honor, reverence and respect and you will have a life-long companion and ritual
tool.

The Book of Shadows

The Book of Shadows

Most Wiccan traditions treasure a Book of Shadows. Such books are rarely
published or even shown to non-initiates. In them, the Tradition’s specific
beliefs and modes of worship are thoroughly or sketchily outlined. Though
contents and organization of these ritual manners vary, most Books of Shadows
include instructions for the circle casting and banishing; religious rituals;
the consecration of tools; laws; coven organizational notes magical rites;
prayers and perhaps herbal lore. Some contain lists of the Traditions
pantheon, training exercises for new students and, finally, initiation
ceremonies.

Such books are vitally important to the establishment and maintenance of all
Wiccan traditions, for without them, the tradition’s specific rites and other
lore must be carefully memorized and passed down by word of mouth. This always
leaves room for error, misinterpretation, and even loss of the material. Don’t
misunderstand this: no Wiccan tradition has been able to record every single bit
of information. Much is verbally passed from teacher to student. Still a
tradition’s Book of Shadows provides and unchanging guide and memory trigger for
the practitioner.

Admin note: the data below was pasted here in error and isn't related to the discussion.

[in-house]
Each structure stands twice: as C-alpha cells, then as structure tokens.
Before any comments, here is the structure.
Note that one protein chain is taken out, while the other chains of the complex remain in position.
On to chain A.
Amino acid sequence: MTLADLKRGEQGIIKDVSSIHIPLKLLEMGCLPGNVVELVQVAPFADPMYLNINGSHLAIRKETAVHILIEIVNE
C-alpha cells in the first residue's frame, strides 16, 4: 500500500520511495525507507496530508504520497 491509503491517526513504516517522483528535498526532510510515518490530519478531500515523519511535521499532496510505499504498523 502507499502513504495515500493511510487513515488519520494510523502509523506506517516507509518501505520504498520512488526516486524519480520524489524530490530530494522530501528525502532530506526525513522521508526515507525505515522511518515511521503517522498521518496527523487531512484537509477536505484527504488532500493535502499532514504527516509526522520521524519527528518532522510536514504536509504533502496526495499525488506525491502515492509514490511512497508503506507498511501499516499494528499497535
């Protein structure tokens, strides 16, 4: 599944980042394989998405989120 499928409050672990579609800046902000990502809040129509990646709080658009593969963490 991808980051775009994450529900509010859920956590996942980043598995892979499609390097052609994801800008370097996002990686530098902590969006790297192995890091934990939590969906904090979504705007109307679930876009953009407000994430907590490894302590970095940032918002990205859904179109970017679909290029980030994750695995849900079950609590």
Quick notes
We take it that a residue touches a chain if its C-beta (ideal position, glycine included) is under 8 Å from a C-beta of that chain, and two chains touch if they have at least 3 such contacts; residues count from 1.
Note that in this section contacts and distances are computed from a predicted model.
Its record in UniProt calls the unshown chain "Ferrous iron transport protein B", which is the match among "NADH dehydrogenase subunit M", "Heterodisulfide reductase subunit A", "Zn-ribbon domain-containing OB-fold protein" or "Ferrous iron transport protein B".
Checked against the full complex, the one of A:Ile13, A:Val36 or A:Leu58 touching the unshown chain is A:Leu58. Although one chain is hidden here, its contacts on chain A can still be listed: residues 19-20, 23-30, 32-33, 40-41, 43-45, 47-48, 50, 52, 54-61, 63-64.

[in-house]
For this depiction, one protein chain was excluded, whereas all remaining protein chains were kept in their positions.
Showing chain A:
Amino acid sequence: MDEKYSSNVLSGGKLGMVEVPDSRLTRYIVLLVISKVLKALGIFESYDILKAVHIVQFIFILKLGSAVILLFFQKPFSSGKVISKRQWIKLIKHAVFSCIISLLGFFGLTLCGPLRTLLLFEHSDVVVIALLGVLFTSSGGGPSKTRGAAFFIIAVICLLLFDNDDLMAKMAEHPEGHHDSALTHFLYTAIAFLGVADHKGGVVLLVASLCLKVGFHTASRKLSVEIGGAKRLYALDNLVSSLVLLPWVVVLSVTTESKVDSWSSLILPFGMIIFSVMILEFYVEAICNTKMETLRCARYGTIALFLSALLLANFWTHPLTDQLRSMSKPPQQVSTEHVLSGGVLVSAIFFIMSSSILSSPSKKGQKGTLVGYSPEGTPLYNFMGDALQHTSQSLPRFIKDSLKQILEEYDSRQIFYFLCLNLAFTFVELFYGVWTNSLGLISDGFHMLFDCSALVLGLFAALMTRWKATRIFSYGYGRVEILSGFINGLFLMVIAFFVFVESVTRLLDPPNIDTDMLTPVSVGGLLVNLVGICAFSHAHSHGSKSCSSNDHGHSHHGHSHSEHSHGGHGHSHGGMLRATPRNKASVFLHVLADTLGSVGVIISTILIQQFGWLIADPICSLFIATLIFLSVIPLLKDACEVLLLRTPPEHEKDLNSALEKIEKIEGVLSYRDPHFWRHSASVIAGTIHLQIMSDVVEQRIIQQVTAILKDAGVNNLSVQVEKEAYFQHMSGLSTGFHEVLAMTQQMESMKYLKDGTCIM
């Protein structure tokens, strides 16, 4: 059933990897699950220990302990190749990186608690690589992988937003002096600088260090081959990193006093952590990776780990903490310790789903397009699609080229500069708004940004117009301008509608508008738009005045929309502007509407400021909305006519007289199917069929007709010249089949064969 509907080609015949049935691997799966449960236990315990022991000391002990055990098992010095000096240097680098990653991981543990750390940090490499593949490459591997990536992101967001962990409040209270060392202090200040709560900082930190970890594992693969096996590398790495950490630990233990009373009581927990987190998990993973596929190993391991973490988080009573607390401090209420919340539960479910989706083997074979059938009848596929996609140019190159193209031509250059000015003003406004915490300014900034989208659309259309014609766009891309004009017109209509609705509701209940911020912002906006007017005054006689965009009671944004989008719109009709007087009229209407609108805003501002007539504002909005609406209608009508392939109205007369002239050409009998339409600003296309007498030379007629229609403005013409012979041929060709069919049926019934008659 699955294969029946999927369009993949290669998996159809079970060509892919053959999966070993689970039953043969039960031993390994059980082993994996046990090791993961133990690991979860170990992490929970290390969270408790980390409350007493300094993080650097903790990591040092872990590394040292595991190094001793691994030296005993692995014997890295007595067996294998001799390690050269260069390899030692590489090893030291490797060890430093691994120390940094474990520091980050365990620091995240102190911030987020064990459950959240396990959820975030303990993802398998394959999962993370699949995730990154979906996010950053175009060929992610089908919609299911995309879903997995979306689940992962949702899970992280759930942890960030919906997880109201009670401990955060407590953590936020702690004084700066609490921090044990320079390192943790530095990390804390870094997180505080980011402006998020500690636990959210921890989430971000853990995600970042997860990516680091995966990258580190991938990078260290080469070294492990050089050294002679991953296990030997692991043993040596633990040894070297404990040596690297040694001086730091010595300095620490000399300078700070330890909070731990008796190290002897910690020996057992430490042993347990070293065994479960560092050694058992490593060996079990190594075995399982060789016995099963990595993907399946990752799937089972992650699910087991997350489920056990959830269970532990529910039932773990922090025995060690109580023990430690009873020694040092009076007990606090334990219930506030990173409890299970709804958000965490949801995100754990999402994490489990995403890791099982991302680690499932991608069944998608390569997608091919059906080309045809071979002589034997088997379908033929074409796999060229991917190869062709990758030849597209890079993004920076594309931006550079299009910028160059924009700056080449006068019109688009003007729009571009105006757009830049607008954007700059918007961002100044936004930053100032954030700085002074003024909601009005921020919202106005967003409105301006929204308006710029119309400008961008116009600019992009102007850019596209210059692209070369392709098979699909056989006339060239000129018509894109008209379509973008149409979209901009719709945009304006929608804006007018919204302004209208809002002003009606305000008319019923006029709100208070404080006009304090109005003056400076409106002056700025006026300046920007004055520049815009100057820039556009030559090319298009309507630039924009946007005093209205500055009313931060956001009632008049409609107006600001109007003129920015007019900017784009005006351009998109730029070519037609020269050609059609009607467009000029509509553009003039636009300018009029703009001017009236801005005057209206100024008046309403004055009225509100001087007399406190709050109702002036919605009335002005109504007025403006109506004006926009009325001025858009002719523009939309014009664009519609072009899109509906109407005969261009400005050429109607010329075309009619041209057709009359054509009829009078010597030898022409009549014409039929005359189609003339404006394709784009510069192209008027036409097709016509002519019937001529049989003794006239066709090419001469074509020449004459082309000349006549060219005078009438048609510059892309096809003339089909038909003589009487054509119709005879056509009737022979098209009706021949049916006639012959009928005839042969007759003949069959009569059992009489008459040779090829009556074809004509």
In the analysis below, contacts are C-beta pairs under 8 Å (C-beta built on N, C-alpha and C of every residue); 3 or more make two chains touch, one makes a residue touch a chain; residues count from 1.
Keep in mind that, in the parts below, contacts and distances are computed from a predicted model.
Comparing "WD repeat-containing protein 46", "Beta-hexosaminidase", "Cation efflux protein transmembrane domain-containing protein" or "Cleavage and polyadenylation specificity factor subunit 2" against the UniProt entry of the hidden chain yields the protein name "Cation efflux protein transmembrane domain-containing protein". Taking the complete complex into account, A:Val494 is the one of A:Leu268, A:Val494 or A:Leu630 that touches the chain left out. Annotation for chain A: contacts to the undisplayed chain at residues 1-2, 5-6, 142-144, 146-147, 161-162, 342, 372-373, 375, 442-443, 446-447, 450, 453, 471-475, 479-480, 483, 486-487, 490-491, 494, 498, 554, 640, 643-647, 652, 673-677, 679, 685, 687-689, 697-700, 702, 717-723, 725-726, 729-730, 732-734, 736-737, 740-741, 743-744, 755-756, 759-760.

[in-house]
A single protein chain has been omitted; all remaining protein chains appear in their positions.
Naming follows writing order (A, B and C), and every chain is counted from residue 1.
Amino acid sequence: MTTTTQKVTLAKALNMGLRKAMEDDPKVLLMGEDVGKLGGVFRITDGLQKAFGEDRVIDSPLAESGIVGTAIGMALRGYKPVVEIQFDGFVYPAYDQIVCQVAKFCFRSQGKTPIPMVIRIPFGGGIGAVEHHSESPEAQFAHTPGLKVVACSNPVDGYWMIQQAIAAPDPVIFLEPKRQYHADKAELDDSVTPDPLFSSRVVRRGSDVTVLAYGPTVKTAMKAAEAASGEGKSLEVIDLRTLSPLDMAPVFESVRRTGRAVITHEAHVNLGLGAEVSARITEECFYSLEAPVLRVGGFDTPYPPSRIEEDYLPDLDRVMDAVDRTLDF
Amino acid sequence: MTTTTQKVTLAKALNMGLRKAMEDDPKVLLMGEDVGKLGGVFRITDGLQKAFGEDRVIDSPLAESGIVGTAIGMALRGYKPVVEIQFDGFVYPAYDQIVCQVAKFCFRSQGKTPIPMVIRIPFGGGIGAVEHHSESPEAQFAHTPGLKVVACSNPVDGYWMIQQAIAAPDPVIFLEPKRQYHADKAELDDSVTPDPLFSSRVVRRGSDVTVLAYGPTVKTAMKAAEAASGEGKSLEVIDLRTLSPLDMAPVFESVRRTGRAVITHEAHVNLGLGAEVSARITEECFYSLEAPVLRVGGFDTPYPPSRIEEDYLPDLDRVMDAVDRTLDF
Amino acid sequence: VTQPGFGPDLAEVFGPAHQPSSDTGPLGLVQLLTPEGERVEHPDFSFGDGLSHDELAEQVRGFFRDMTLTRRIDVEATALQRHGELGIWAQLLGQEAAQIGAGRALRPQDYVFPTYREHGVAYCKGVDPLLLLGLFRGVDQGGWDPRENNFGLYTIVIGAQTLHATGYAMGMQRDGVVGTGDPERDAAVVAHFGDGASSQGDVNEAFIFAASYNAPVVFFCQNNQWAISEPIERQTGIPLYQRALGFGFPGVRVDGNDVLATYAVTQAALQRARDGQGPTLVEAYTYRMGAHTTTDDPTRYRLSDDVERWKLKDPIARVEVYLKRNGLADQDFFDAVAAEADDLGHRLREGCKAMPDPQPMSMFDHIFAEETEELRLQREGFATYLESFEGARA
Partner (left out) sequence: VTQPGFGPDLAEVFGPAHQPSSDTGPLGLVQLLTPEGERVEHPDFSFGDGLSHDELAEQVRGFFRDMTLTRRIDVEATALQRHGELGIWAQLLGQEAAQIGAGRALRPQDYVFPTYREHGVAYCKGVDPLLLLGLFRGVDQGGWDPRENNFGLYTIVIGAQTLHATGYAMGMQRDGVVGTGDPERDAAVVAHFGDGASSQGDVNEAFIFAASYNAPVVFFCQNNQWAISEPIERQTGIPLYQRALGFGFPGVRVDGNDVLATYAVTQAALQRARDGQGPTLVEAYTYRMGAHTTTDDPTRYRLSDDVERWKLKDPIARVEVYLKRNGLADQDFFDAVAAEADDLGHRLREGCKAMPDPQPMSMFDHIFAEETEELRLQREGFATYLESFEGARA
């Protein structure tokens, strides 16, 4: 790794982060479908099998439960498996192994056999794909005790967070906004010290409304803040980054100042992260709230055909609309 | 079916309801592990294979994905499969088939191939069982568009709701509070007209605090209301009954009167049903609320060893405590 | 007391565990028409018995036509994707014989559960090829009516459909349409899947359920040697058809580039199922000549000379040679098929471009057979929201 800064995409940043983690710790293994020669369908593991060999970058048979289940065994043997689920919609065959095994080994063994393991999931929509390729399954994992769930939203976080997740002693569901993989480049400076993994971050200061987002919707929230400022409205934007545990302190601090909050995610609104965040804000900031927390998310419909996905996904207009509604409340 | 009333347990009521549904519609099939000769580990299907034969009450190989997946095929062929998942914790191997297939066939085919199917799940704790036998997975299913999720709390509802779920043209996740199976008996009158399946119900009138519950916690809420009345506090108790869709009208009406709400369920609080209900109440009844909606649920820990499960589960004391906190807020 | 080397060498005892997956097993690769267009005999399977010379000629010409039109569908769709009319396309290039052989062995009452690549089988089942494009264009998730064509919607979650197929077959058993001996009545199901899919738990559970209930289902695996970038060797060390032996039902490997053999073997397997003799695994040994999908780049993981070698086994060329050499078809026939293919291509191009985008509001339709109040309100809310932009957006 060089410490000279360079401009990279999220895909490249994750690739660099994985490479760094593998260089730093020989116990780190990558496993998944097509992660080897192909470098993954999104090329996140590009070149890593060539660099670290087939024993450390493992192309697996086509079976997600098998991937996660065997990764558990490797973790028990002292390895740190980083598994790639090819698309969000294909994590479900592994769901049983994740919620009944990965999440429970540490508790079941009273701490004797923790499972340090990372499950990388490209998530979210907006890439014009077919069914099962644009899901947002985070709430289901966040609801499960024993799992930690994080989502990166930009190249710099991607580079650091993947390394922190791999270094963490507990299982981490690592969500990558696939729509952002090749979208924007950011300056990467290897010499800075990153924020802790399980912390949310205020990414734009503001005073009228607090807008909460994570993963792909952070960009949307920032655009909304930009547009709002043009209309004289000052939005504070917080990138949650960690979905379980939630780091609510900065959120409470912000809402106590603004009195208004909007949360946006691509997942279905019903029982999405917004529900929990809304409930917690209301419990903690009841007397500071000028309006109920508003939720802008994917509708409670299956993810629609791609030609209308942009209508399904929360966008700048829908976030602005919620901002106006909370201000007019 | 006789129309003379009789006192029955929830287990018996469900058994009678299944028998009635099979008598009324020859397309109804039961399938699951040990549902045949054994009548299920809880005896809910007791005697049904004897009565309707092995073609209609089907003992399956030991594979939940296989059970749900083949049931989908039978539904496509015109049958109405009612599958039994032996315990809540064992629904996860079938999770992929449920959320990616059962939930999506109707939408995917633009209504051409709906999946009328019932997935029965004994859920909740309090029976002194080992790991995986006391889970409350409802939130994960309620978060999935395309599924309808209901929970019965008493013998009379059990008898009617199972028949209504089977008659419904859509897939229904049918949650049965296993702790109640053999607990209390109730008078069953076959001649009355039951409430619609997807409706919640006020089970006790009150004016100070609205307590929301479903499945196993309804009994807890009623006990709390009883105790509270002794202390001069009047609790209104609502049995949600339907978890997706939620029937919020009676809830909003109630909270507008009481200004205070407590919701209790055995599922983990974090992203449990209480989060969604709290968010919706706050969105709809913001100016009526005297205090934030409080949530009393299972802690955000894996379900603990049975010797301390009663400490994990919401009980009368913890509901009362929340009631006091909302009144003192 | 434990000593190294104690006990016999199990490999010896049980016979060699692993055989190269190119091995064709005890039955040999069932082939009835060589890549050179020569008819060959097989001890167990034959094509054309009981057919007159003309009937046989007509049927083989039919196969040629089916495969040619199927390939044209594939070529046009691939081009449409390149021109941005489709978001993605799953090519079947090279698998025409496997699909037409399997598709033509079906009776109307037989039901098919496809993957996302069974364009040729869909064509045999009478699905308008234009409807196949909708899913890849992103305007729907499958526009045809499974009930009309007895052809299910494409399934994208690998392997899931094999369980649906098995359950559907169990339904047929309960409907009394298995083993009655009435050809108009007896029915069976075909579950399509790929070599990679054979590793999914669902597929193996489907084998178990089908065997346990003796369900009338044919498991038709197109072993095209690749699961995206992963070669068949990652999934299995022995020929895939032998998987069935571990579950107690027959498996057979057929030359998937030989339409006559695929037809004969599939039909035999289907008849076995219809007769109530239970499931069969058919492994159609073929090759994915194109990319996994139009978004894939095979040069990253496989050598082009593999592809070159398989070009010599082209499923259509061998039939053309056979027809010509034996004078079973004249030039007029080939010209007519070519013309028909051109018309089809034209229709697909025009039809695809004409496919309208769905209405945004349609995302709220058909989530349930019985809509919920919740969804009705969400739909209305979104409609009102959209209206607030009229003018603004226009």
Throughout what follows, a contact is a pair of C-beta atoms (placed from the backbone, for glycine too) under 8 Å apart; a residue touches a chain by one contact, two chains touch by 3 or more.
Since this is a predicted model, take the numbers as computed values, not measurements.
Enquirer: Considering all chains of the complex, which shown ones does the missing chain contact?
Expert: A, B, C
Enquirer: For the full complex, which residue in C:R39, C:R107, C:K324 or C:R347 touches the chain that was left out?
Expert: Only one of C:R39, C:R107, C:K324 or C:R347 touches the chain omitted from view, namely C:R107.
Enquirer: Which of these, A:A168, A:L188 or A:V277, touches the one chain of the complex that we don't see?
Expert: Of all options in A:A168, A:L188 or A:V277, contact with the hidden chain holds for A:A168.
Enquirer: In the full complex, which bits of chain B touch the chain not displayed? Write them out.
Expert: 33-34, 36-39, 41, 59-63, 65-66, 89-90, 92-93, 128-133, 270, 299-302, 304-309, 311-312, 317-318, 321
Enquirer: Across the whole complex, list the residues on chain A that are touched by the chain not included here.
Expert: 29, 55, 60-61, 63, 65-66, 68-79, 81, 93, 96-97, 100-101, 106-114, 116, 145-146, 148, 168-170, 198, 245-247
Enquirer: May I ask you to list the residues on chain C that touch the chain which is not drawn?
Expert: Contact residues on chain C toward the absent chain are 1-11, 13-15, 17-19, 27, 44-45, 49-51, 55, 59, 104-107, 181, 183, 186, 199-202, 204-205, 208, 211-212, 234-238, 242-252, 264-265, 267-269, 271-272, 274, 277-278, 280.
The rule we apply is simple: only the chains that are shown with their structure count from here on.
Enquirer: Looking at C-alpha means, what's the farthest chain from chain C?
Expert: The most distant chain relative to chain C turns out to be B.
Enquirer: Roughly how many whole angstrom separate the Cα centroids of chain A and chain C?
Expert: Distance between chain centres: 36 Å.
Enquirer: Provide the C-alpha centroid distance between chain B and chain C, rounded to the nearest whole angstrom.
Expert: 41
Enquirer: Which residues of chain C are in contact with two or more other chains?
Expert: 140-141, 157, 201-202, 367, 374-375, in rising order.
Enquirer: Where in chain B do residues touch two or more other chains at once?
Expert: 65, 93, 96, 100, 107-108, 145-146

There are many different Books of Shadows today. Some are used by hundreds of
Thousands of Wiccans. Others are created by Solitary Wiccans and never shown to
others.

Information from Living Wicca: A Further Guide for the Solitary Practitioner by
Scott Cunningham

To me the Book of Shadows is a very special book. Mostly because it is innermost
thoughts that come from your heart and soul As you study and Learn you will fill
that book up with all kinds of things from Spells to Thoughts, To just writing
how you are feeling about things. And it doesn’t matter what kind of book of
shadows you have whether it is a three ringed binder to a home made book. How
you wish to organize your Book of shadows is up to you. Just make sure that you
put as much love and care into as you do yourself. Cause that will always be a
very special and important book in this Life’s Path. And May the Goddess Shine
Brightly in your Heart for Always.